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Jun 15

The Difference Between a Cook and a Chef

Difference Between Cook and a Chef

To most people, a cook and a chef are the same thing. The two terms are used interchangeably to indicate someone working away in the kitchen, regardless of whether that individual is cutting vegetables or masterminding the entire menu.

For those who work in the culinary field, however, there is a big difference. Although there is no single professional organization that determines exactly who is a chef and who is a cook, most agree that the difference lies in education and experience. If you have a culinary degree and/or trained under a notable chef and have moved up the ranks, you are typically considered a chef. If you simply dabble in the kitchen at home or are just starting out at the bottom of the restaurant totem pole, you are almost always considered a cook.

What Makes a Cook a Cook?

Most people agree that a cook is lower-ranking than a chef, and that chefs themselves vary in rank. For example, an executive chef is the top of the line, while sous chefs, chefs de partie, and other professionals might have the right training, but are still working toward their top professional goals.

If you still aren’t sure exactly what it is that makes a chef a chef, consider these qualifications:

  • A two- or four-year culinary degree
  • Extensive training under a chef with the goal of gaining a culinary education equal to that of a degree (also known as a culinary apprenticeship)
  • Responsibilities that include a supervisory role
  • The ability to create and implement menus in a restaurant setting
  • Management roles in the kitchen

A cook, on the other hand, can expect to:

  • Prepare food on a daily basis
  • Perform kitchen duties, as needed and directed
  • Clean and wash the kitchen
  • Use recipes and follow someone else’s menu plan
  • Still be at the learning level of his or her career

There are some culinary institutions (including the American Culinary Federation) that offer designations and titles based on testing, work experience, and education. Although many organizations and restaurants recognize these distinctions (and will boost your career accordingly), they aren’t required to be a chef or to be successful in your own culinary career.

In most cases, the cook is below the chef in terms of prestige, pay, and career development. However, there are instances in which this isn’t true. Many home cooks or amateurs have skills and experience that surpass that of their chef counterparts; they simply may not make claim to the title.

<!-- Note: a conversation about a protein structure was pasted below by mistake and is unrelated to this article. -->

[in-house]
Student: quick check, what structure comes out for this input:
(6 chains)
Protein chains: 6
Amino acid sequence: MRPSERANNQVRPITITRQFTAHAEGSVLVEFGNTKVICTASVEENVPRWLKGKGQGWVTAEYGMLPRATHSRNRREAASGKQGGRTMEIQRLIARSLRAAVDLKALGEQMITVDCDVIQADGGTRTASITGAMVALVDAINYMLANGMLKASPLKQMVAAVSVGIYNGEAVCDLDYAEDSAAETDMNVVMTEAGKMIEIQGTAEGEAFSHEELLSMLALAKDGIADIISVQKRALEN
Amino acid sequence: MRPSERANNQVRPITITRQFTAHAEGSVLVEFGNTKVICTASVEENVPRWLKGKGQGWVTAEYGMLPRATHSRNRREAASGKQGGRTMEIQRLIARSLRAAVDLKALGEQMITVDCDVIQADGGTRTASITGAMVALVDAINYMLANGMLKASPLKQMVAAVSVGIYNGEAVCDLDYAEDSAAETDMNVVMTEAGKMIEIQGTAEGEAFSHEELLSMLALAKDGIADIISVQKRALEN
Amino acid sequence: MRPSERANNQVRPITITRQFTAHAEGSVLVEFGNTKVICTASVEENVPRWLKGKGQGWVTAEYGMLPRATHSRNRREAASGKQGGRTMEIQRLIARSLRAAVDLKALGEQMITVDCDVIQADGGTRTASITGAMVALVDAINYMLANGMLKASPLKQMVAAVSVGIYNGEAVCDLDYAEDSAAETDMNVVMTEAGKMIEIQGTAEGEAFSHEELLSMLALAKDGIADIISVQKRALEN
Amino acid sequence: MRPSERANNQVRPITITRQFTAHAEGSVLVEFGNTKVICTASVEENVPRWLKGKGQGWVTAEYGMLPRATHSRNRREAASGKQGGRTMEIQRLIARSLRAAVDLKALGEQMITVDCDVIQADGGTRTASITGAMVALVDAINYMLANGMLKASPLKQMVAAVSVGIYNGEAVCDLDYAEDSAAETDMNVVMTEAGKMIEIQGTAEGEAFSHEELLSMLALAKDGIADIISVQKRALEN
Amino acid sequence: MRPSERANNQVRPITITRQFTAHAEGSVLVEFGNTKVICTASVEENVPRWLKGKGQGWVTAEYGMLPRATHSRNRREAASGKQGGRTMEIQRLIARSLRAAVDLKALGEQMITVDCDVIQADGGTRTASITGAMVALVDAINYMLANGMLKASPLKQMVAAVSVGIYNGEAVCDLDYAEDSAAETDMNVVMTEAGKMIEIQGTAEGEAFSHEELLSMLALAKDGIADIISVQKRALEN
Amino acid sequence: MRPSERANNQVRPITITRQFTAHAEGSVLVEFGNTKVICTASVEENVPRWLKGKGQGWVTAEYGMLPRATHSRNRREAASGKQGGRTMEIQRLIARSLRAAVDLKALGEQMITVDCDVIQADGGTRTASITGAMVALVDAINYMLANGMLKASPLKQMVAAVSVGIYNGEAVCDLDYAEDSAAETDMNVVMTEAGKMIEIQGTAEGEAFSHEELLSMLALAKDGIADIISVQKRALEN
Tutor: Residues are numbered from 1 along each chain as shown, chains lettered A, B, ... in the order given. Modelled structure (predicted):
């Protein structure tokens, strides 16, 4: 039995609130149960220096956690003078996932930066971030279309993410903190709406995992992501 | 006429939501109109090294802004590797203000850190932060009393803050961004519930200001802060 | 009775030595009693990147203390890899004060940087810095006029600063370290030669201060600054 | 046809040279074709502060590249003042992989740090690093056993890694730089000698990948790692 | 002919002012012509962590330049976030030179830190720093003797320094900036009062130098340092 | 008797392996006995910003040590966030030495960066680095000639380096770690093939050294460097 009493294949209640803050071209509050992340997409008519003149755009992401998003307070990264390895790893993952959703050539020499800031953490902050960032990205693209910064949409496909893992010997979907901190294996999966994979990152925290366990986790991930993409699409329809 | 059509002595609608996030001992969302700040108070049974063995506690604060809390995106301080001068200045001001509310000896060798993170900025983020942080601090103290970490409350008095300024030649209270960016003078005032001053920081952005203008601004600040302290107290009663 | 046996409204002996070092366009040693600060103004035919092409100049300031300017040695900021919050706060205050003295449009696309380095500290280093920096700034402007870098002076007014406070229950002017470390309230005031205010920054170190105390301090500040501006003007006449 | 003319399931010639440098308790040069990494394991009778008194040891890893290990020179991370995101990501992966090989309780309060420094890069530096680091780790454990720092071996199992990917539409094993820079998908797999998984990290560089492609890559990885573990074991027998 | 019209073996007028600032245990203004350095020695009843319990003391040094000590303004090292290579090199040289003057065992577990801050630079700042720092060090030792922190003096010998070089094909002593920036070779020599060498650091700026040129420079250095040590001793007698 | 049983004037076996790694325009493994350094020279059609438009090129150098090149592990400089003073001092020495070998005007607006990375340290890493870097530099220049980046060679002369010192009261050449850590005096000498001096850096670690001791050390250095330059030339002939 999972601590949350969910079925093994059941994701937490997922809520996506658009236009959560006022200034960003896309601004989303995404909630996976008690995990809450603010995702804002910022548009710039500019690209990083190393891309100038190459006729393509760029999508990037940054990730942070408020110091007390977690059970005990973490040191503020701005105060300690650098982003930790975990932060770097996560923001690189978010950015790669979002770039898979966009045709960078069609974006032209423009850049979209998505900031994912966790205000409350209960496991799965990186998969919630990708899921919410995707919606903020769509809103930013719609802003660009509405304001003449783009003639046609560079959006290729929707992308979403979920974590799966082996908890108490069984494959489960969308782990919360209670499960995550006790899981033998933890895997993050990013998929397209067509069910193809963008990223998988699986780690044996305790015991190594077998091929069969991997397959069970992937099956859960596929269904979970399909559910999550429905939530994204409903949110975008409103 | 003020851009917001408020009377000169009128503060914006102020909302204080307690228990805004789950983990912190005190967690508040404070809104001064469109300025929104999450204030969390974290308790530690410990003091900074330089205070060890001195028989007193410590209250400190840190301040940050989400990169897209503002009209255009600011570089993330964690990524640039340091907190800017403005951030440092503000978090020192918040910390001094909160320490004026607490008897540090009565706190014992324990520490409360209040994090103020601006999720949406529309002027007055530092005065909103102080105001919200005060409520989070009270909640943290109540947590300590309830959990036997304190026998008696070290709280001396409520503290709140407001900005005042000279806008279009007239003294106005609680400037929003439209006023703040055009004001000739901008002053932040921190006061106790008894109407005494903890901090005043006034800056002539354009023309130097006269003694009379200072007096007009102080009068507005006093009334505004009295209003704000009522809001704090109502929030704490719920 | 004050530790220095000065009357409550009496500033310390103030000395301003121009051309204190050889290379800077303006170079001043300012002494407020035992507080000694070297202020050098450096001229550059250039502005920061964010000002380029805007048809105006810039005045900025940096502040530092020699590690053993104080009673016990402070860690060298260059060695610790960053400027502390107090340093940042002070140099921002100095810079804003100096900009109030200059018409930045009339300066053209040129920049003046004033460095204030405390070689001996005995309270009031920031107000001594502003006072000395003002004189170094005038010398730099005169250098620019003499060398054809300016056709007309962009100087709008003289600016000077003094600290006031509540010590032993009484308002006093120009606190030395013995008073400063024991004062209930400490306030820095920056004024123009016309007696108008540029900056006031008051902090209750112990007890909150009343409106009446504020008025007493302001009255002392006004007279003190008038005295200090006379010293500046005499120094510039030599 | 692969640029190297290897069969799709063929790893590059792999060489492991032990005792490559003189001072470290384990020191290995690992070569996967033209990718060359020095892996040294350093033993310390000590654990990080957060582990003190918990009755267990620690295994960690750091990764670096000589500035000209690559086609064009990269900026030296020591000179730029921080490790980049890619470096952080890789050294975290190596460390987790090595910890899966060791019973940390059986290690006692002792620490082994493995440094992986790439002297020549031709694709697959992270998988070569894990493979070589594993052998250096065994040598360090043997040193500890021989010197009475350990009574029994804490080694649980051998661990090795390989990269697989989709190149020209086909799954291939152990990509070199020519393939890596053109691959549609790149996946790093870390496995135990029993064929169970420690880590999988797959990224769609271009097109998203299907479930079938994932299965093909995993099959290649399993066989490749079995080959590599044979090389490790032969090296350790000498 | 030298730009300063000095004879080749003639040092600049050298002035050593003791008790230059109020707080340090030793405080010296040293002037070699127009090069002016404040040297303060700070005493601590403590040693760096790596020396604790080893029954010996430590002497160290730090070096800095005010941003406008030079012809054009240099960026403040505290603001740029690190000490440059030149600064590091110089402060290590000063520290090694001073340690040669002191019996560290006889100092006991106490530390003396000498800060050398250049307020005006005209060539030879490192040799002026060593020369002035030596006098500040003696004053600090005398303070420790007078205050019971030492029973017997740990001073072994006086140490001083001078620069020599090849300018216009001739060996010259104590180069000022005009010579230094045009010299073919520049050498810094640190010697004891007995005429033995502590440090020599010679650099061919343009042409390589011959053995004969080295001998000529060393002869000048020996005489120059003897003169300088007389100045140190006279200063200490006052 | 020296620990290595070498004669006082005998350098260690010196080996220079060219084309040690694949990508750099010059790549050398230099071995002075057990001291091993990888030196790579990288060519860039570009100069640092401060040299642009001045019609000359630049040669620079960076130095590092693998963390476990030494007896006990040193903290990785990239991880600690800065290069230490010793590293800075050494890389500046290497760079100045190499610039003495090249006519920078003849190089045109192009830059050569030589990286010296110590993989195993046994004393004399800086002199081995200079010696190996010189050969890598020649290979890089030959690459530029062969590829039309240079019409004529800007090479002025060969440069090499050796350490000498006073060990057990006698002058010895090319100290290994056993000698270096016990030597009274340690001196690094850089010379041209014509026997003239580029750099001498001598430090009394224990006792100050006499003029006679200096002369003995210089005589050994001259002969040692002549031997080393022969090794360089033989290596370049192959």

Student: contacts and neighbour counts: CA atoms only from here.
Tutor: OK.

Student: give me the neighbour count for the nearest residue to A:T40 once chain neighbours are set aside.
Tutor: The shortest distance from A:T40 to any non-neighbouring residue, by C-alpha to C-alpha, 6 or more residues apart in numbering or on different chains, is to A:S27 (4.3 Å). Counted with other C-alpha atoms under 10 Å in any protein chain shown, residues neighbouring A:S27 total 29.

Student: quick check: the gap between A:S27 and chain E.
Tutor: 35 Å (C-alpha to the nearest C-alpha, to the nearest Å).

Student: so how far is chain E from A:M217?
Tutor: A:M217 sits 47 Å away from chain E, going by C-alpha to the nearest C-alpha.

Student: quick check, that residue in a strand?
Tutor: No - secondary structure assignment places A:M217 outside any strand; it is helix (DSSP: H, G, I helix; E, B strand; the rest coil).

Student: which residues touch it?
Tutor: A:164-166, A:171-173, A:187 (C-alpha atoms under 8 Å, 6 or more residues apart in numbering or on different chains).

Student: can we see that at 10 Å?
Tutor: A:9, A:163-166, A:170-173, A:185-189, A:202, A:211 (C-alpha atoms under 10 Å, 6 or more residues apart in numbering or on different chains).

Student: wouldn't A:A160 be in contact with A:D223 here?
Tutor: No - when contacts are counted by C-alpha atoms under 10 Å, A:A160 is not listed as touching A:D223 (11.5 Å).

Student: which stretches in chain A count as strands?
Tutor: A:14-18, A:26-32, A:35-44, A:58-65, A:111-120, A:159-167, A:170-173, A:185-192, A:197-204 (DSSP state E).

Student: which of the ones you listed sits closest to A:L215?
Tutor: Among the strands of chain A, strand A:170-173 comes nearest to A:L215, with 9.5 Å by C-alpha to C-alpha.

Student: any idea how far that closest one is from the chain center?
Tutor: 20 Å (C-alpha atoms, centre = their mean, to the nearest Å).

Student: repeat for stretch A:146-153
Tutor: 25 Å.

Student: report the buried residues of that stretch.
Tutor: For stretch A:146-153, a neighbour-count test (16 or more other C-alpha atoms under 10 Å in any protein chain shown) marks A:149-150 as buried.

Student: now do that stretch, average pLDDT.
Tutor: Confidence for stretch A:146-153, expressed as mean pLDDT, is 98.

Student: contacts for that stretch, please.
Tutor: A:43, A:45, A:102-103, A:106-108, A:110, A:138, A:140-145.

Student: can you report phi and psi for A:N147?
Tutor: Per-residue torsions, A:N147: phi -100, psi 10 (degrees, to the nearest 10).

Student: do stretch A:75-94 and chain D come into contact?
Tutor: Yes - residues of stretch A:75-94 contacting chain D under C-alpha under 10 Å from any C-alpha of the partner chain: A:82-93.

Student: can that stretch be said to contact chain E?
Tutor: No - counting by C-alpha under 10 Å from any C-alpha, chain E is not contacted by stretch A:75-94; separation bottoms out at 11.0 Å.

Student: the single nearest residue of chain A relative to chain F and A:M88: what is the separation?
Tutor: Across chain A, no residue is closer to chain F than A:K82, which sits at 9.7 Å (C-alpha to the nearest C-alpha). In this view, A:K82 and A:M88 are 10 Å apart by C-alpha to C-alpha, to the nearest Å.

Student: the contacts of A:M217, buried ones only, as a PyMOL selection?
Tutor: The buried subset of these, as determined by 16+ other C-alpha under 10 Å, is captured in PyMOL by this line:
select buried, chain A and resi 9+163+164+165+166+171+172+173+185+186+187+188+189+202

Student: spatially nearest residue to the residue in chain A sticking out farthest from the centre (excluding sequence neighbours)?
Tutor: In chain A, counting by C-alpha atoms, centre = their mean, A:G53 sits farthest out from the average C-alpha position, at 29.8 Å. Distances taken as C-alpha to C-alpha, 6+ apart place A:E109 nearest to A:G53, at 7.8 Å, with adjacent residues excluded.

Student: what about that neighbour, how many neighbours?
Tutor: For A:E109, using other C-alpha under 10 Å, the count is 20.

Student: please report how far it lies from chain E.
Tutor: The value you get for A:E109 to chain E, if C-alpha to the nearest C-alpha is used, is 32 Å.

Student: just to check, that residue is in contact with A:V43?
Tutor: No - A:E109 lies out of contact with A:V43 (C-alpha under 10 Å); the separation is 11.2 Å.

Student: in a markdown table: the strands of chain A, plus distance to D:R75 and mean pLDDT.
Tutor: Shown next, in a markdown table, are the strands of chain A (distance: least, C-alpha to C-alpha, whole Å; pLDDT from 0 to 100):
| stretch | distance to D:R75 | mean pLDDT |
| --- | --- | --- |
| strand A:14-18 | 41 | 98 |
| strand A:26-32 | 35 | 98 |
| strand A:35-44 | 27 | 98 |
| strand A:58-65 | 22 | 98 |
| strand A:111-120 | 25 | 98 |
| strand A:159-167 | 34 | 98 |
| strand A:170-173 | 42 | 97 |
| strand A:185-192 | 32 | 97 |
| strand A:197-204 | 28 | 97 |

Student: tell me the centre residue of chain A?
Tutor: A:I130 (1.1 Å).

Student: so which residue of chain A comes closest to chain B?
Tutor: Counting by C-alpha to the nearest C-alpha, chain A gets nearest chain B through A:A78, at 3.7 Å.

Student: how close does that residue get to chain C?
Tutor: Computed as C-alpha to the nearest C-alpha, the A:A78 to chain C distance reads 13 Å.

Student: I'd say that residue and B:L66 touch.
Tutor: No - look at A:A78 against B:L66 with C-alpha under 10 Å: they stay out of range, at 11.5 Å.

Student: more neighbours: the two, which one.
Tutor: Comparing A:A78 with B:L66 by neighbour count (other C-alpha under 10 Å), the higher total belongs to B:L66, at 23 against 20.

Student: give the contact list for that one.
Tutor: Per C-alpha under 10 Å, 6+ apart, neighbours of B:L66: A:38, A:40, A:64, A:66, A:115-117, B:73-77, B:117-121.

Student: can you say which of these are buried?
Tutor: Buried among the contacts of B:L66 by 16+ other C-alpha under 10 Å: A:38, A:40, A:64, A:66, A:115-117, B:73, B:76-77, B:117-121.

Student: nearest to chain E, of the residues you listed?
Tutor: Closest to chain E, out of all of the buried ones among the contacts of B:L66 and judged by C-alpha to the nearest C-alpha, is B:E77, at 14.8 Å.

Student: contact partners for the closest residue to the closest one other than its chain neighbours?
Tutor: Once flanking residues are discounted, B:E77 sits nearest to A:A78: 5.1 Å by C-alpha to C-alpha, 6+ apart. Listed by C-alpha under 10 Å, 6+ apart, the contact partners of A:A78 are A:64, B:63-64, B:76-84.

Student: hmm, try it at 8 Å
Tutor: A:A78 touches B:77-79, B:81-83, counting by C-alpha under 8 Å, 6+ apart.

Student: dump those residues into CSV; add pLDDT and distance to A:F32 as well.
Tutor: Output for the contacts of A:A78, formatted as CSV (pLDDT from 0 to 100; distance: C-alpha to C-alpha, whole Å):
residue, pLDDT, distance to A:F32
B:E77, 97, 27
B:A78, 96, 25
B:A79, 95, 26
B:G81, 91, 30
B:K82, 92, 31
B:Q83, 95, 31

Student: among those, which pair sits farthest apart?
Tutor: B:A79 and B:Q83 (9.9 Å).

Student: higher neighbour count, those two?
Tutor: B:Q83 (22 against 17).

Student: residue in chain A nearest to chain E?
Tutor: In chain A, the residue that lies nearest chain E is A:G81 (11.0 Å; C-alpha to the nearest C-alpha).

Famous Cooks vs. Famous Chefs

In fact, many of the celebrity chefs we have come to know and love as a culture aren’t really chefs at all. Rachael Ray and Nigella Lawson are two of the biggest names in the culinary and Hollywood world, but both women profess that they aren’t trained chefs…and have never pretended to be anything other than cooks. Self-trained, self-motivated, and never having worked in a long-term chef capacity (such as overseeing a restaurant), they are just two examples of cooks who have hit it big.

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  1. Chef Website

    Yeah! I agree how you differentiate between chef and cook. So the cook can’t be compared with the chef as the chef has lots of knowledge, experience and degree too and the cook is the person who just knows how to cook the simple foods and recipes in home or in low level restaurants.

  2. george stray

    A chef is trained to know how certain herbs and spices affect taste. A chef works for a long period of time under an experienced chef prior to gaining the title of CHEF;as well as having good deal of practical experience. A chef also understands dietary needs of those he is cooking for. These factors are only the tip of the iceberg when differentiating between a cook and a Chef.

  3. Chef bill

    In my view that a chef is well trained professional who have the education and earned a degree from a culinary arts school. But cook has no formal education in the industry but basically perform the same job and same time better than the chef but he can’t get the same salary or position in the kitchen or industry.

  4. Granny

    A guy who’s dating my husband’s niece claimed to be a hoity-toity chef. He brings over stuff at christmas bought in ritzy restaurants and cafes, but has never brought anything he made himself. At a wedding in the family he met my son by a previous marriage. They got to talking and he told my son he was a chef at a restaurant in Jack London Square. My son asked him where he went to school, and the question was neatly side-stepped and the subject changed (same as when I asked him). My son told him he was the executive pastry chef at a country club in wine country with a four year degree. The guy avoided him after that, and doesn’t push that he is a chef anymore! He also doesn’t think it’s possible to work an 18 hour day. Yeah – most chefs I know do work more than 18 hours sometimes. My son does on a regular basis. We found out he runs a taco truck and has never been to school.

  5. gramps

    restaurant # 1 has a Chef——that worries what the food looks like

    restaurant #2 has a cook that makes sure the food is down home GOOD

    I’m eating at # 2—

  6. Stuart Holmes

    So do chefs cook things?

  7. olabisi

    I work as a cook but some who call their self chef can not with stand me in aspect of cooking or menu plaining

  8. andrea kay

    I was told whilst at college, training to be a chef, was that the difference is that a cook.is not formally trained and has no qualification. If you have a “cooking” qualification, then you are a chef rather than cook

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